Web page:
Forensic Pathologist Essay

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Analysis of Problem
Being a forensic pathologist can be incredibly stressful and gruesome. They see dead bodies in every state imaginable and have to stay calm collected and not let it affect their psyche, but this can be difficult. The stress from this and dealing with families, courts and publicity can cause accidents that could result in serious injury and permanent damage.
Dealing with the Dead Forensic pathologists may have to do up to 250, but no more than 350 autopsies a year according to PBS. This means they may see up to 350 corpses of people who died in a suspicious way. This can be taxing on any person, no matter how hardened they may be, not only because of the work but because forensic pathologists have to view and handle corpses mangled by crimes, suicide, injuries, illnesses and accidents. They also have to meet with grieving and possible unstable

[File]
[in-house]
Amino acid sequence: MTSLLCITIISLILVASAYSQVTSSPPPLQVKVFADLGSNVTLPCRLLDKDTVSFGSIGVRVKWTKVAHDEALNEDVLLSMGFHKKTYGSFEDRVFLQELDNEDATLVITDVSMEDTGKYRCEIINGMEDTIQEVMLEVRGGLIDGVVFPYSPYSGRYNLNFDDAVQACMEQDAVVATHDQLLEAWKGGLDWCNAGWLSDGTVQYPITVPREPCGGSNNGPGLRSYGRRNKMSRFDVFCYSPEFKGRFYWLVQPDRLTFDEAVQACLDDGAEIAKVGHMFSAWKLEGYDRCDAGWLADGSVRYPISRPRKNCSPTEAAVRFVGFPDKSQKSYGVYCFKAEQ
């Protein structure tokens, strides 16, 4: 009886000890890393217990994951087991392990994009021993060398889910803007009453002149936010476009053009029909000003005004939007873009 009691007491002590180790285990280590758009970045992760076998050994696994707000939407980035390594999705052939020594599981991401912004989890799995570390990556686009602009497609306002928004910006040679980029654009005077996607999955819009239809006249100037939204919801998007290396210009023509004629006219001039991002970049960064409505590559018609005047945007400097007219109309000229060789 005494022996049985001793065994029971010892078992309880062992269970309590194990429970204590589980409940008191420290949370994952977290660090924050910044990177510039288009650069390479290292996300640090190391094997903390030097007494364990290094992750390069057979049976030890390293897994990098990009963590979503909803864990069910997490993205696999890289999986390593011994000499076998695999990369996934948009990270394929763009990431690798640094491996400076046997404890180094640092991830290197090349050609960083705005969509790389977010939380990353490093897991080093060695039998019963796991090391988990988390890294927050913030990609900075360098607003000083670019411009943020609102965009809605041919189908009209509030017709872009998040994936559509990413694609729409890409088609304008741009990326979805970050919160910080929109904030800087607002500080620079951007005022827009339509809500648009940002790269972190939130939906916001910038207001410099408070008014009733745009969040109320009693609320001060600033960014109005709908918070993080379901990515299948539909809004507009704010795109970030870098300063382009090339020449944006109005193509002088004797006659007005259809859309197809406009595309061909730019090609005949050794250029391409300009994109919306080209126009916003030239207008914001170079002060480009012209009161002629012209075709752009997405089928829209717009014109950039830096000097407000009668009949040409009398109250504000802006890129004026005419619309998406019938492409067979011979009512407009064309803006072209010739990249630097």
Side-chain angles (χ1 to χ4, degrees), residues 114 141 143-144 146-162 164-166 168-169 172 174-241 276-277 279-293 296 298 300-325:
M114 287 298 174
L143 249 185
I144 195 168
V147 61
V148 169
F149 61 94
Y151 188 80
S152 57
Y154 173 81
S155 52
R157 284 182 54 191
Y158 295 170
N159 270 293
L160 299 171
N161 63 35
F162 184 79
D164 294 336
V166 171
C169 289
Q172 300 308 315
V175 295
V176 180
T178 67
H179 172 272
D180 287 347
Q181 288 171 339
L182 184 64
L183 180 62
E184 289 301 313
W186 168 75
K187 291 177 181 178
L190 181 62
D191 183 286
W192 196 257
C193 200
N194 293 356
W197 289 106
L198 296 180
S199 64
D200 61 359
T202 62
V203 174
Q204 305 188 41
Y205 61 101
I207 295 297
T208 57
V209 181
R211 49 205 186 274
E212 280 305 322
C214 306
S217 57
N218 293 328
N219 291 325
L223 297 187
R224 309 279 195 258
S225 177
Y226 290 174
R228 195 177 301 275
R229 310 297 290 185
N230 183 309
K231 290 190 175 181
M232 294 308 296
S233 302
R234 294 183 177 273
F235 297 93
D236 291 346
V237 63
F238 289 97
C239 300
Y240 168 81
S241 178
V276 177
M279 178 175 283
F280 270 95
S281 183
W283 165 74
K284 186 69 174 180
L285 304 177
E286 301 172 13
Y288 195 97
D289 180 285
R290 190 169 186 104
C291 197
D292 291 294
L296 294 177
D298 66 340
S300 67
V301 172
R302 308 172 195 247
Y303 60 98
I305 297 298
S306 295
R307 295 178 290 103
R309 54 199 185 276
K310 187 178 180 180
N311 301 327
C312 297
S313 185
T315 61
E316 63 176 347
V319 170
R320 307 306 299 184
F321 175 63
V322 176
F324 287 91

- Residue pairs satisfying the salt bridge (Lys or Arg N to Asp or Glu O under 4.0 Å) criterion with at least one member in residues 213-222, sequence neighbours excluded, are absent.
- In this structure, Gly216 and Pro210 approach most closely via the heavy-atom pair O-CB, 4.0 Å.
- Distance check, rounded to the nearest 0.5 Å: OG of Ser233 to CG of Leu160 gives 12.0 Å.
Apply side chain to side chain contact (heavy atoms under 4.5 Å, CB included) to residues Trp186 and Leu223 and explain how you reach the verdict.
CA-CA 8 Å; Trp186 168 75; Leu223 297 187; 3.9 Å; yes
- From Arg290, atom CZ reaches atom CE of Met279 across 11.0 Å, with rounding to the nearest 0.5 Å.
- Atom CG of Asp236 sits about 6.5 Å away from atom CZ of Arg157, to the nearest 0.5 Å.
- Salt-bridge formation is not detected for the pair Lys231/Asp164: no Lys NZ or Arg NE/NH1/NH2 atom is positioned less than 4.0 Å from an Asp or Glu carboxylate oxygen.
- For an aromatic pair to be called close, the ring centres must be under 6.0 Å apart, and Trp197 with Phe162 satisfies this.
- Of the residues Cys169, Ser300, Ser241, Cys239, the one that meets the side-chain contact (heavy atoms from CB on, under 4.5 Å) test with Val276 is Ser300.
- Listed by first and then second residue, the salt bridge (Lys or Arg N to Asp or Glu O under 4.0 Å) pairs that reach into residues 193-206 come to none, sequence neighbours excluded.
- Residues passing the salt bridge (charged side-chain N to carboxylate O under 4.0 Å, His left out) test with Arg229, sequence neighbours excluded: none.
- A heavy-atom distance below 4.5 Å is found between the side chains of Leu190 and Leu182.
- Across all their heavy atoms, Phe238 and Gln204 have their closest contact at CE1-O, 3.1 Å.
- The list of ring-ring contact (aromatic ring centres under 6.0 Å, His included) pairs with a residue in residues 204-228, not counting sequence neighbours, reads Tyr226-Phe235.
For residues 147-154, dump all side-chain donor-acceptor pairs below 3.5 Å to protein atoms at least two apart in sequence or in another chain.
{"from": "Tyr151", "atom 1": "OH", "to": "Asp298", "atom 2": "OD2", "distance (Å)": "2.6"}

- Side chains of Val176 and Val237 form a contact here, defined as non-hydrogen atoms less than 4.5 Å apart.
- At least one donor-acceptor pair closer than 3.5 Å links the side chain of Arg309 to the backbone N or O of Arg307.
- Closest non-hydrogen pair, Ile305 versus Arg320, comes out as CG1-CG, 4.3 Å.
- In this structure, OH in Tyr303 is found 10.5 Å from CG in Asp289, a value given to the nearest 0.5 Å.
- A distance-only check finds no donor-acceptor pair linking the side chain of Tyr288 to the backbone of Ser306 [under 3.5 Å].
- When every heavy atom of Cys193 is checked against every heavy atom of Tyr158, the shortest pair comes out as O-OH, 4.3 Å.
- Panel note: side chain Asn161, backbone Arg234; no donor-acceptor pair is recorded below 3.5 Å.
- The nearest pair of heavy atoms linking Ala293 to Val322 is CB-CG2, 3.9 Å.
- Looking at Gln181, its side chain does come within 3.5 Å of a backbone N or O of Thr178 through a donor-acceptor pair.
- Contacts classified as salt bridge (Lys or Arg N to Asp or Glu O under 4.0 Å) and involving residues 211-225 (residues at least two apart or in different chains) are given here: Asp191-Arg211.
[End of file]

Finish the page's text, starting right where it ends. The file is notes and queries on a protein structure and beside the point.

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Some of the more common hazards include exposure to disease and infection from corpse tissues and other bodily remnants. There is also a risk of skin contact and inhalation of hazardous chemicals like formaldehyde, which is used to preserve the body and its parts, or even chemicals used to disinfect the autopsy equipment. Occasional exposure to radiation from x-rays used to see if there are foreign objects in the body like bullets and the bone structure of a corpse. Forensic pathologists are taught to use precautions such as gloves, surgical masks, lab coats, shoe coverings, plastic aprons, respirators, arm protectors, goggles, and hair coverings, but there is still an element of risk (Mandel). Stress can increase the chances of mistakes and negligence and in turn, can result in any of the bodily harms listed. In forensic pathology, there is a lot of stress including the previous mentioned irregular work hours, the incredible workload of dealing with loved ones of the victims and media and dealing with the shocking images of the
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